Stephens told those assembled that he chose Wor-Wic to help him achieve his dreams and succeed in spite of his mistakes, urging the crowd not to be afraid to “share your story with somebody. It could be the key that unlocks somebody else’s prison.”
In conclusion, Stephens told the graduates, “The best is yet to come. However, you still may make wrong turns, mess up and make some mistakes. But, if you’re committed to learning from your mistakes and becoming a better version of yourself every day, then you will be unstoppable.”
After receiving his business transfer associate degree from Wor-Wic, Stephens plans to pursue a bachelor’s degree at Salisbury University and hopes to own and manage his own business one day.
Criminal justice was the most popular major among members of the graduating class. One of the graduates receiving an associate degree in criminal justice, Daniel Downes of Snow Hill, used his GI Bill benefits to earn his degree.
A dean’s list student, Downes said he wanted to better himself for his child and their future. A former career firefighter and emergency medical technician, he now works as a regional coordinator for a private emergency management company that creates preparedness plans for hospitals, nursing homes, long-term care facilities and health departments. Due to the pandemic, he has been extra busy with work and it has been a challenge to get everything done — working full time, studying and taking care of his 5-year-old son. COVID-19 has put his bachelor degree plans on hold temporarily, but he plans to continue his education and says that he enjoys his current job in emergency management and would like to move up and see where he can go from there at either the state or federal level.
Following criminal justice, general studies was the second most popular major. One of the general studies program graduates, Ian Nibblett of Eden, stopped taking high school classes after his sophomore year and enrolled at Wor-Wic. This year’s youngest graduate, Nibblett said he came to Wor-Wic because of the affordability and simplicity of getting enrolled. “By starting at Wor-Wic and transferring to a four-year university, versus starting and finishing at a four-year university, I saved a great amount of money in tuition. My experience was great, I met a lot of people and learned new things — life skills as well as academic skills. I think that Wor-Wic has helped shape me into the individual I am today and prepared me well for the future. Wor-Wic made getting a degree challenging but doable.”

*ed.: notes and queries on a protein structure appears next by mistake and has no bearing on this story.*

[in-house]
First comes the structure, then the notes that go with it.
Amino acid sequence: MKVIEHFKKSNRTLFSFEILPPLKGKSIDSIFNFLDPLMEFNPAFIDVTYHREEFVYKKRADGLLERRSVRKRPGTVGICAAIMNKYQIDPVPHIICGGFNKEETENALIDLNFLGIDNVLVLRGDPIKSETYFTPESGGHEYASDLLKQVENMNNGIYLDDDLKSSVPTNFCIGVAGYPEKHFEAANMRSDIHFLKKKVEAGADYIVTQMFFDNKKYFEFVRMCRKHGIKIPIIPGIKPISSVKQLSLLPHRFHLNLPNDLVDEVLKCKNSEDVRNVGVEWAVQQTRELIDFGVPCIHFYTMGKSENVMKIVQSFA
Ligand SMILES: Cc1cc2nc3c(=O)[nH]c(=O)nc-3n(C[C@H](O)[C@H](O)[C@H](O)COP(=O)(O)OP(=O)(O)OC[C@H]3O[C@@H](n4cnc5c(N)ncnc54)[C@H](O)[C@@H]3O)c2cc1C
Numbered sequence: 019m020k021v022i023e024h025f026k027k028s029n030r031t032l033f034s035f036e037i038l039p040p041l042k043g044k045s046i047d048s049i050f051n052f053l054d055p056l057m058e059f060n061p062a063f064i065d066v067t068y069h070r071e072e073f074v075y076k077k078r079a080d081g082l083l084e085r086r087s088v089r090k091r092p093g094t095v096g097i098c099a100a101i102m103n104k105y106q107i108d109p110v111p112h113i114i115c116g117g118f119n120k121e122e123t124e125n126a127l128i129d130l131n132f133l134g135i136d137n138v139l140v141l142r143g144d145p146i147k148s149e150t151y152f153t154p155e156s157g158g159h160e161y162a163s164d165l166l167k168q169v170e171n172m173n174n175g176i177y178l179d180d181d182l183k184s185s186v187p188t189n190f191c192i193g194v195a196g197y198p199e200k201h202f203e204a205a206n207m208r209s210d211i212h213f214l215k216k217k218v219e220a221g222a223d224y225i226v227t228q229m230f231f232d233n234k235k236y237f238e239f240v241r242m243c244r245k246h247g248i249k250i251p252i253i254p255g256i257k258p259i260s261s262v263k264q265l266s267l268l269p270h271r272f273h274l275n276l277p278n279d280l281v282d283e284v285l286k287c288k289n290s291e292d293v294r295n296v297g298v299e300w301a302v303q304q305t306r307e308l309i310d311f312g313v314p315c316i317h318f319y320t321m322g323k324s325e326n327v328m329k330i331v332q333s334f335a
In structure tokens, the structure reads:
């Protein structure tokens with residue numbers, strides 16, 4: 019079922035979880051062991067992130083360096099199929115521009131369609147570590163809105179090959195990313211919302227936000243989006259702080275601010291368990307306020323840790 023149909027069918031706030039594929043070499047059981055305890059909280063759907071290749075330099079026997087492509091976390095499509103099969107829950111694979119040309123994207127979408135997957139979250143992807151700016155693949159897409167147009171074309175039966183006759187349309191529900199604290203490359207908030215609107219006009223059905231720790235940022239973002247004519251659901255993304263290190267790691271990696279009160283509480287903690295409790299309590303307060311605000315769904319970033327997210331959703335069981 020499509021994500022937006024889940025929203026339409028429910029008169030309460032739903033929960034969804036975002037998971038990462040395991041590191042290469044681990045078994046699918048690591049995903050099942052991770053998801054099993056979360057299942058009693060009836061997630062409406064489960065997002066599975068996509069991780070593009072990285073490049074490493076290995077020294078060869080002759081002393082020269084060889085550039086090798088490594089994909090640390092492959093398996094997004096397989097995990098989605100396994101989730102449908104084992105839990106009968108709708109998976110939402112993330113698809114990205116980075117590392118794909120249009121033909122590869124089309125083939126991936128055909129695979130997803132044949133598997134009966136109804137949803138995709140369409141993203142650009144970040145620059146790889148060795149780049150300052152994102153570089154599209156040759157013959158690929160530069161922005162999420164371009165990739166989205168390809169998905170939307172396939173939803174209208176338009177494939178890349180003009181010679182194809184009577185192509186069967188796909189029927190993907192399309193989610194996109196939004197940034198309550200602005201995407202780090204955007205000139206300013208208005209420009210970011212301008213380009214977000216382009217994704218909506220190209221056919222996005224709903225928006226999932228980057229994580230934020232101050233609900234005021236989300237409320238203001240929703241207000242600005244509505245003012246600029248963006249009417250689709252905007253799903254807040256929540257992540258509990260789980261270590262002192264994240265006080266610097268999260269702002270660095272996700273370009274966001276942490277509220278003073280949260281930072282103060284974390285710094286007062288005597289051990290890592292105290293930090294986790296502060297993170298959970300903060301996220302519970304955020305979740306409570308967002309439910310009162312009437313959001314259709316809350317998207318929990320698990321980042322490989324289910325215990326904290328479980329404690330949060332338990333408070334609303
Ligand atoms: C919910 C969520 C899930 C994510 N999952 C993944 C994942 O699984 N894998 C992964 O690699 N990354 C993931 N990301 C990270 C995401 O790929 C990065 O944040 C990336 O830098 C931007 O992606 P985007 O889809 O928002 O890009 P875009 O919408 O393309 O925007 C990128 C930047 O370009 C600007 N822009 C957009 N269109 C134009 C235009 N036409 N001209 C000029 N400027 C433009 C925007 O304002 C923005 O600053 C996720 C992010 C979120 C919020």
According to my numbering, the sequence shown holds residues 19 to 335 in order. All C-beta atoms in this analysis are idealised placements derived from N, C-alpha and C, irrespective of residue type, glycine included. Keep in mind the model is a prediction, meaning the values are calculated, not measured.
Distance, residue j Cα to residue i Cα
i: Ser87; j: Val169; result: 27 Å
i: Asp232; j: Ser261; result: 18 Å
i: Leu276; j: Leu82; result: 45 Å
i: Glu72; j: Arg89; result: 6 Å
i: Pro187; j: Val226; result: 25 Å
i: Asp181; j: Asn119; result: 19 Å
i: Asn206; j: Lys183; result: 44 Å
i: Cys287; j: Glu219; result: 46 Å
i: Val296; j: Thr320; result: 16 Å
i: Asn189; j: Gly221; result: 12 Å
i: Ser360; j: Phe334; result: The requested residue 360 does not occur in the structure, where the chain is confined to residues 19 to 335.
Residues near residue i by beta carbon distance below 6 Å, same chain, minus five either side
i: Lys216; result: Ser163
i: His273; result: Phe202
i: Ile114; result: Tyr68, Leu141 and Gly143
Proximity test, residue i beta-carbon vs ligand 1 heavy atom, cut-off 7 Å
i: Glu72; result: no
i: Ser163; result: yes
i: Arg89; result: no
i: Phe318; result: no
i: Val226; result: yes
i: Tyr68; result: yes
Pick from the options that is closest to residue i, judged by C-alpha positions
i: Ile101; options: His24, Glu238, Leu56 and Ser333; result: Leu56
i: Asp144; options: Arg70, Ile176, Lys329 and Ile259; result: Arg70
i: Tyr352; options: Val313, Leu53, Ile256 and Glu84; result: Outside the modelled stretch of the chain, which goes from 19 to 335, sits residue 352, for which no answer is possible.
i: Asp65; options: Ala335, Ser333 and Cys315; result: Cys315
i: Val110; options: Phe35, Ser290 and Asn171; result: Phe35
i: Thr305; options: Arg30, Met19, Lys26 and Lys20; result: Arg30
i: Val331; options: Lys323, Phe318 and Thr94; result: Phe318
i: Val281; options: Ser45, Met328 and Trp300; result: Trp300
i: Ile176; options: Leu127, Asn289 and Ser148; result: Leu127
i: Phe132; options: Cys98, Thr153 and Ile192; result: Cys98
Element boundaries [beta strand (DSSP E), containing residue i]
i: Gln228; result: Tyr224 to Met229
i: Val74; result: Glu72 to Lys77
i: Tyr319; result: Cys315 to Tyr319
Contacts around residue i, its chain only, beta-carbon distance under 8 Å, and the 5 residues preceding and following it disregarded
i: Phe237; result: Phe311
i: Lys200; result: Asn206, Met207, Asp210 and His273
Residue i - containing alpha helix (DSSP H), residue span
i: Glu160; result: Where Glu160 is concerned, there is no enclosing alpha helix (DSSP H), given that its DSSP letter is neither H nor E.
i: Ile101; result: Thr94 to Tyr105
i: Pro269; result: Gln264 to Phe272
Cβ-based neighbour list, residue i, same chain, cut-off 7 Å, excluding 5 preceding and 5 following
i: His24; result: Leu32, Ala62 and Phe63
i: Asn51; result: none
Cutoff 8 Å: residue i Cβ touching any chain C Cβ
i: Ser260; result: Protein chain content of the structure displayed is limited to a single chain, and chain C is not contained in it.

A dean’s list student with a 3.59 grade point average, Nibblett is a member of the Alpha Nu Omicron chapter of Phi Theta Kappa, an international honor society for community college students. After earning his associate degree in general studies at the age of 18, he plans to transfer to Salisbury University to pursue a bachelor’s degree in business management. His career goal is to one day own a business, possibly in the field of security or construction.
Other graduates received degrees or certificates in accounting, business, chemical dependency counseling, computer studies, education, emergency medical services, hotel-motel-restaurant management, nursing, occupational therapy assistant, office technology, physical therapist assistant, radiologic technology and science.
The majority of the graduates were from Salisbury or other parts of Wicomico County, followed by Worcester and then Somerset counties. Graduates were also from Dorchester, Caroline, Kent, Queen Anne’s, Talbot and other counties in Maryland, as well as from nearby states.